Special Education The proportion of children and youth who receive special education services in Ontario schools continues to grow. This year, an average per school of 18% of elementary students and 24% of secondary students are receiving some form of special education assistance.
The special education pipeline: waiting lists Over the last decade, waiting lists for special education services have been on the decline – from approximately 46,000 in 2000/2001 to approximately 35,000 this year. There are a number of possible reasons for the drop. First, the budget for special education has increased by 86% since 2000/01, to over $2.5 billion this year.1 But new data from this year’s survey suggests another reason: many schools report that there are restrictions on the number of students they are allowed to place on waiting lists. In 47% of secondary schools and 50% of elementary schools, principals told us there is a cap on the number of students they can recommend for assessment.
Caps on waiting lists limit students’ access to appropriate support Psycho-educational assessments can be a vital part of the special education process. They help to clearly identify a student’s learning needs and guide the programming and accommodations that will help the child succeed in school. They are also a requirement for IPRC’s, which are a prerequisite for recognizing a child’s right to special education services. To find out more about these caps, People for Education emailed 400 principals asking for more information about caps at their school. We offered to withhold board’s names. Their responses show there is a wide variety of practices across the province. Generally, where they exist, caps are set at the board level, and in most cases relate to the availability of psychologists.
The Board decides on the cap on number of assessments. Each school gets two assessments each year. The number two is the same no matter the size of your school (ranging from 80 to 800 students). We do get the odd emergency assessment for students going into Section classes or in the case of a serious mental health situation.
Quick Facts For 2011/12 • 18% of elementary students receive some special education assistance, an increase from 11% in 2000/01. • 24% of secondary students receive some special education assistance, up from 14% in 2000/01. • 47% of secondary schools and 50% of elementary schools report there is a cap on the number of students who can be recommended for special education assessments. • In elementary schools, the average ratio of special education students to special education teachers is 36:1, up from 22:1 in 2000/01 • In secondary schools, the average ratio of special education students to special education teachers is 69:1, up from 48:1 in 2000/01.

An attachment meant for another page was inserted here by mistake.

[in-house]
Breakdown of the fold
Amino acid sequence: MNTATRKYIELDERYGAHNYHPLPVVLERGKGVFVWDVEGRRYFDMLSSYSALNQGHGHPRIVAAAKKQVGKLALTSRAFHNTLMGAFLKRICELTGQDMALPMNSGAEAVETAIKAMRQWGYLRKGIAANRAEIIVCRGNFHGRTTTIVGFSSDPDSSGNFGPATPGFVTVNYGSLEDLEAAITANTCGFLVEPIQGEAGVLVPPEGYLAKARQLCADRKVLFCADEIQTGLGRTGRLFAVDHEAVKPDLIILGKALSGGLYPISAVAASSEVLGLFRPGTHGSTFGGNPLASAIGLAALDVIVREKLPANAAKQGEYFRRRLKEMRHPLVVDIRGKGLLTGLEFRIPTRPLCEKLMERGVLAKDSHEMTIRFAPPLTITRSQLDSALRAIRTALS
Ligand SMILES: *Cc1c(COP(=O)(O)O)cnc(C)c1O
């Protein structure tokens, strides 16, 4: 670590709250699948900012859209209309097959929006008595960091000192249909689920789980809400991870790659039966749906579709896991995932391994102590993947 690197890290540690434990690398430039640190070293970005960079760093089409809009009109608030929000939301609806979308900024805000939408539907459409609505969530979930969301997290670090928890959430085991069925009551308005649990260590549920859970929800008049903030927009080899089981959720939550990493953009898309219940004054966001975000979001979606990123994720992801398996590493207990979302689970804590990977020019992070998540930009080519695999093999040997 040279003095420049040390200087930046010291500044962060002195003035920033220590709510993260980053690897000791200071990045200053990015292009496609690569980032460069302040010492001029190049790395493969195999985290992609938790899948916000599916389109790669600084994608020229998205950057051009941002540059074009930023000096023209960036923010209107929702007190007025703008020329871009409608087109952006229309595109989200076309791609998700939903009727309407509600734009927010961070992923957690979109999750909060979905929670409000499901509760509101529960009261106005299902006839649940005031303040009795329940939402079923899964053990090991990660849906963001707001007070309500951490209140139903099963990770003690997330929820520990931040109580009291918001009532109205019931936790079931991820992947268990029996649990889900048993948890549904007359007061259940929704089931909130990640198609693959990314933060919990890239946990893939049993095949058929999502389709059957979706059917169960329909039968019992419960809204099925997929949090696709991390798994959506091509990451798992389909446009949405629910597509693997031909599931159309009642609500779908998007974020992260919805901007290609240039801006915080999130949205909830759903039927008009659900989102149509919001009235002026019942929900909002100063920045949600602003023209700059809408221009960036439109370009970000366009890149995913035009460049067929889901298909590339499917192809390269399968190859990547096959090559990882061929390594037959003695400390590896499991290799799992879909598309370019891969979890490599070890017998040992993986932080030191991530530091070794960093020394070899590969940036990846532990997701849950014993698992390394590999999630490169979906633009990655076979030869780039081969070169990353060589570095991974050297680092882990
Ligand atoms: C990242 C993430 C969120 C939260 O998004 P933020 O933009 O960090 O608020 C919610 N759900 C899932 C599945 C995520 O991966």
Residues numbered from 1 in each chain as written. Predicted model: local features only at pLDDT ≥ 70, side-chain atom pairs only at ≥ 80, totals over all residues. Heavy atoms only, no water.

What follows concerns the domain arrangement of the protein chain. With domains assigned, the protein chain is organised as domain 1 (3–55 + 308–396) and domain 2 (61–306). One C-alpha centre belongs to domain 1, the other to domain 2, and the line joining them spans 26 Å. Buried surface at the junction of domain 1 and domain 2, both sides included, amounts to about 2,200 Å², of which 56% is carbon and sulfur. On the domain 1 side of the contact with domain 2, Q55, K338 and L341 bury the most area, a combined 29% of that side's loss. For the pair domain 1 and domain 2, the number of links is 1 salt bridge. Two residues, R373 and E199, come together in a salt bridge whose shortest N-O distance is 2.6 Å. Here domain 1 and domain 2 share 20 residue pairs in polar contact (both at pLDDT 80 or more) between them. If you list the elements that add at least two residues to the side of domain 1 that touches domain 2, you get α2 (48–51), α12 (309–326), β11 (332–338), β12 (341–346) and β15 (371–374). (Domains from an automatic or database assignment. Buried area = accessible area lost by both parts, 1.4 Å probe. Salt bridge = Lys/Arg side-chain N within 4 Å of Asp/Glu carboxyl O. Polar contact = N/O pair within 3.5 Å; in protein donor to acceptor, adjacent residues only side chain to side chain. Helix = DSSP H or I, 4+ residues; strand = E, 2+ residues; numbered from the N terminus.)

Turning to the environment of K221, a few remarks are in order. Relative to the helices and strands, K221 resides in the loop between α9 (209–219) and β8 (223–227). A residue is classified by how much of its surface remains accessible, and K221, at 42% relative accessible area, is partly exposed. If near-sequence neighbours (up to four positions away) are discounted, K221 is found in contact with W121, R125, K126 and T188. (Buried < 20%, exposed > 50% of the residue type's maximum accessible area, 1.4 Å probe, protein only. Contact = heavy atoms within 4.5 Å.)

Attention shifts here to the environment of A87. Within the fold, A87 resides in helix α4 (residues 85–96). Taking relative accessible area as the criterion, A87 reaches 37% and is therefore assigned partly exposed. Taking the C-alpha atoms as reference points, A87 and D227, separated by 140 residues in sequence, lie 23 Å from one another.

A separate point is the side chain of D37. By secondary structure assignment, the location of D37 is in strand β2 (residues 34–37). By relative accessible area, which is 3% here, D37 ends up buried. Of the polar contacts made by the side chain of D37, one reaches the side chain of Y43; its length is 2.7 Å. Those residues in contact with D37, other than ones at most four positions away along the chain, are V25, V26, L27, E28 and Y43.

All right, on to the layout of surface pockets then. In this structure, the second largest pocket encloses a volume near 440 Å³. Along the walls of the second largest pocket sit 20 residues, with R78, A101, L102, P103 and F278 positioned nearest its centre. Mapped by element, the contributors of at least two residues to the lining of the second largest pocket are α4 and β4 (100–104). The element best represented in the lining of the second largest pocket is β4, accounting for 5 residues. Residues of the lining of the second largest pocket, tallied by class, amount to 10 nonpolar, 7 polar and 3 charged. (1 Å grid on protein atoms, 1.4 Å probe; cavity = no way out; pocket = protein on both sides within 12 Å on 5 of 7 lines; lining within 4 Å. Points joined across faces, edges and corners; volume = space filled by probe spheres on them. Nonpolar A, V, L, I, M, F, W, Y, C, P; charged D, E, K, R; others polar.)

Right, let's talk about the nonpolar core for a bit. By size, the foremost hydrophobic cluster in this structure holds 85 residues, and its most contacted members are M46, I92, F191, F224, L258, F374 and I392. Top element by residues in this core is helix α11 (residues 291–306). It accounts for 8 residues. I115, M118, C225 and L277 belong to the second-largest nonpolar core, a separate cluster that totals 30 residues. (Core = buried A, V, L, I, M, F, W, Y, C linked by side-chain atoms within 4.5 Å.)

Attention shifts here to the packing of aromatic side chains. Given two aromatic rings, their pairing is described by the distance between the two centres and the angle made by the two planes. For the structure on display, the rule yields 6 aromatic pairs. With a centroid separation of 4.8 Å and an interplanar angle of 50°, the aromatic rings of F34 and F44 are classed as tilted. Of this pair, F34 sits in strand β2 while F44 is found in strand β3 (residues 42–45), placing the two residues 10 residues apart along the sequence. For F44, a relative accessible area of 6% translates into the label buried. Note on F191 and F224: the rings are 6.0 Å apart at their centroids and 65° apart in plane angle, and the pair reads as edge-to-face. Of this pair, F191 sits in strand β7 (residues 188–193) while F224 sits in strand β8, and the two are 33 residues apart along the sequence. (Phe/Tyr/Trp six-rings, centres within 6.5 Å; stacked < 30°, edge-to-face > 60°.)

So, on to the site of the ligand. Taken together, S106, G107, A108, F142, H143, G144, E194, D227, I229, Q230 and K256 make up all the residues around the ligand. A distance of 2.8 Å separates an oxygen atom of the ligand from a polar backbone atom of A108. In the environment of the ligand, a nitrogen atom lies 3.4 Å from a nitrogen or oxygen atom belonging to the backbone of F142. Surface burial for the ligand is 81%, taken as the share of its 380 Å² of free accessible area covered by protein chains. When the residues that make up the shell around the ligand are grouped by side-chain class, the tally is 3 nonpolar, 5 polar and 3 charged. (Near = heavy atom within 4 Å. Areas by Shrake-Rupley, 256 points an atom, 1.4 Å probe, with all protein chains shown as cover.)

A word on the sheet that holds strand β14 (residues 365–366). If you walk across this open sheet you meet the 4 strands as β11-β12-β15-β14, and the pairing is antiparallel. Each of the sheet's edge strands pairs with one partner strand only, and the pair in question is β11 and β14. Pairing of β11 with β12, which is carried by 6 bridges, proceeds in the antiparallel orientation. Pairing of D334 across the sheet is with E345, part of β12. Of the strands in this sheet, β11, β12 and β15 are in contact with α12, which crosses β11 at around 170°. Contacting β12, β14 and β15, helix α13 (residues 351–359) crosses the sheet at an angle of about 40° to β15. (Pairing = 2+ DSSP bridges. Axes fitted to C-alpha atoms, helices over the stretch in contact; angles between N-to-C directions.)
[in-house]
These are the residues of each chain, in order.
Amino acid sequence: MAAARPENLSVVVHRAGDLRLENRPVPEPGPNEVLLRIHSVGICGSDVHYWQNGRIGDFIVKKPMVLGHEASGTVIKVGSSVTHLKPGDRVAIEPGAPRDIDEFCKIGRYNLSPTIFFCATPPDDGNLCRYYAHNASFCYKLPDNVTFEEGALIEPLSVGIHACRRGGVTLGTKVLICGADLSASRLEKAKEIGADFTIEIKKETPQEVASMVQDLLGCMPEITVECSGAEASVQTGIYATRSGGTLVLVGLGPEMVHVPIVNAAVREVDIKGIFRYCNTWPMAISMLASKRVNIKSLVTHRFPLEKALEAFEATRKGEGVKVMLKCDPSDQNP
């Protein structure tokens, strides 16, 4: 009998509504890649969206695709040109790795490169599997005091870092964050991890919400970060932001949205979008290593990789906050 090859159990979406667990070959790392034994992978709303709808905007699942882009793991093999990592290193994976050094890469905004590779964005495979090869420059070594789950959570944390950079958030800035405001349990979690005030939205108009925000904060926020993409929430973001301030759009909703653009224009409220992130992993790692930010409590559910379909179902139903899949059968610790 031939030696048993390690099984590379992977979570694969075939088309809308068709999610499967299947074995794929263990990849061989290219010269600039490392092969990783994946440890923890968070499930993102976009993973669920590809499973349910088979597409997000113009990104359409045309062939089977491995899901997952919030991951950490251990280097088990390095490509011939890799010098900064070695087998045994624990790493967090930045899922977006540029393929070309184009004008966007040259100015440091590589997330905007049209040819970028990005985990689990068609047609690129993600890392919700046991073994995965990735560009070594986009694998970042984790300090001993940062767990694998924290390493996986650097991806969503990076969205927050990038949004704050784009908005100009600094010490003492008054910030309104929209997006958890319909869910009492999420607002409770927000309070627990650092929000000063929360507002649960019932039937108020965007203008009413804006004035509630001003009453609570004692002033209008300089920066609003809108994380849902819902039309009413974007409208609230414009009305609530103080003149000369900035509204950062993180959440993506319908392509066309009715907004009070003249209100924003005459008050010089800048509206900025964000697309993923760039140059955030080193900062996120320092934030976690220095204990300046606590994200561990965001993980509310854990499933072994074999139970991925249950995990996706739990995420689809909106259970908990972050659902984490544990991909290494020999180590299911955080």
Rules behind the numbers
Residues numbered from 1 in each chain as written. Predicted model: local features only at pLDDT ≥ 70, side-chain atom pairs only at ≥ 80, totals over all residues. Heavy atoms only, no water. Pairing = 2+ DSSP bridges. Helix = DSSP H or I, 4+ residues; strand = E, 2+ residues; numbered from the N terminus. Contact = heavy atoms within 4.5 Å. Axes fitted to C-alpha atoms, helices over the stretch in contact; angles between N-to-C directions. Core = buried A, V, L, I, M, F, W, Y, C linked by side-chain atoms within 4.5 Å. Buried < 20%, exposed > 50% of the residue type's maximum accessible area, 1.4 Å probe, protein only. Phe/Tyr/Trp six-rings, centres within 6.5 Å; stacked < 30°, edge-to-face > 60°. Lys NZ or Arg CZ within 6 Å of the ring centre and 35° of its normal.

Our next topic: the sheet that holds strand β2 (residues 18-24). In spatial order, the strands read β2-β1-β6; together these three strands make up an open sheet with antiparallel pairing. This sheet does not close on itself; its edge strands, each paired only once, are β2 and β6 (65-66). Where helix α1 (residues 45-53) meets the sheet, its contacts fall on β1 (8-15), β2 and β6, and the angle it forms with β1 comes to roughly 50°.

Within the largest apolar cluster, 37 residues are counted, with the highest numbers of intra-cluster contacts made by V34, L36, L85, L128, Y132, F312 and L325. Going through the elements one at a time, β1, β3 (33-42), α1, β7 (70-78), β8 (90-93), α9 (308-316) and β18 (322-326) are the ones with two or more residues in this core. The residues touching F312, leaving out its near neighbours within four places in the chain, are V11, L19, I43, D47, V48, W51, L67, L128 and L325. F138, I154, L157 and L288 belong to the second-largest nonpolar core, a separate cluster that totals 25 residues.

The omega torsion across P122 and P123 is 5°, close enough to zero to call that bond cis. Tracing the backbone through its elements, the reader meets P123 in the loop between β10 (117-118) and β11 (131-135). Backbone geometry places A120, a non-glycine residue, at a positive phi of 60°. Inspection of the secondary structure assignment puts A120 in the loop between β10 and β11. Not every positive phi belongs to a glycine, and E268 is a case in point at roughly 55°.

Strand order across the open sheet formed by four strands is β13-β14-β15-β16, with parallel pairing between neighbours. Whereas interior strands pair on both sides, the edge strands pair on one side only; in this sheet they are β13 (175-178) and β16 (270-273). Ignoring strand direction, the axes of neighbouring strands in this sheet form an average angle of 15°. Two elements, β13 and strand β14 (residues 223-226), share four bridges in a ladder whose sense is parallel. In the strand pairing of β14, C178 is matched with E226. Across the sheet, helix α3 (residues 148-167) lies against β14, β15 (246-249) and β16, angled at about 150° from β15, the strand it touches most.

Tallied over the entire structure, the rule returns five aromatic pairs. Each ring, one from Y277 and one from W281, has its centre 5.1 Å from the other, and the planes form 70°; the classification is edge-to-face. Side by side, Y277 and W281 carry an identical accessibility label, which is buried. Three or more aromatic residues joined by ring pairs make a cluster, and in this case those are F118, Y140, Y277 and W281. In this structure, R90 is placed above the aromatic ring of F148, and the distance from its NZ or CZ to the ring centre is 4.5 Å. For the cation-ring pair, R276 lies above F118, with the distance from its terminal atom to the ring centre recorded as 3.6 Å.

I would not call it a cap but rather an allocation. As a school of [over 600] students K-8, we are allocated 3 psycho-ed assessments for the year. We decide who the “lucky ones” will be through discussion through School Based Team. The need far exceeds the availability. In other schools or boards, principals talked more about assessments being limited by the availability of psychologists, regardless of whether ‘caps’ were a part of board policy. For some of these boards, there may be room for advocacy for extra assessments where there is an emergency.
If you were to query the board they would respond by saying there are no caps. However the reality is that there is a limited number of assessments available and schools, in most cases, are only able to submit one request at a time. Occasionally there seems to be an ‘opening’ and schools are told that they can submit an additional one or two requests. Also in emergency situations or in cases where something has escalated very quickly it is usually possible to get an assessment in a relatively short timeframe.
People for Education © 2012 1
Percentage of elementary schools reporting no psychologist available, by region 40%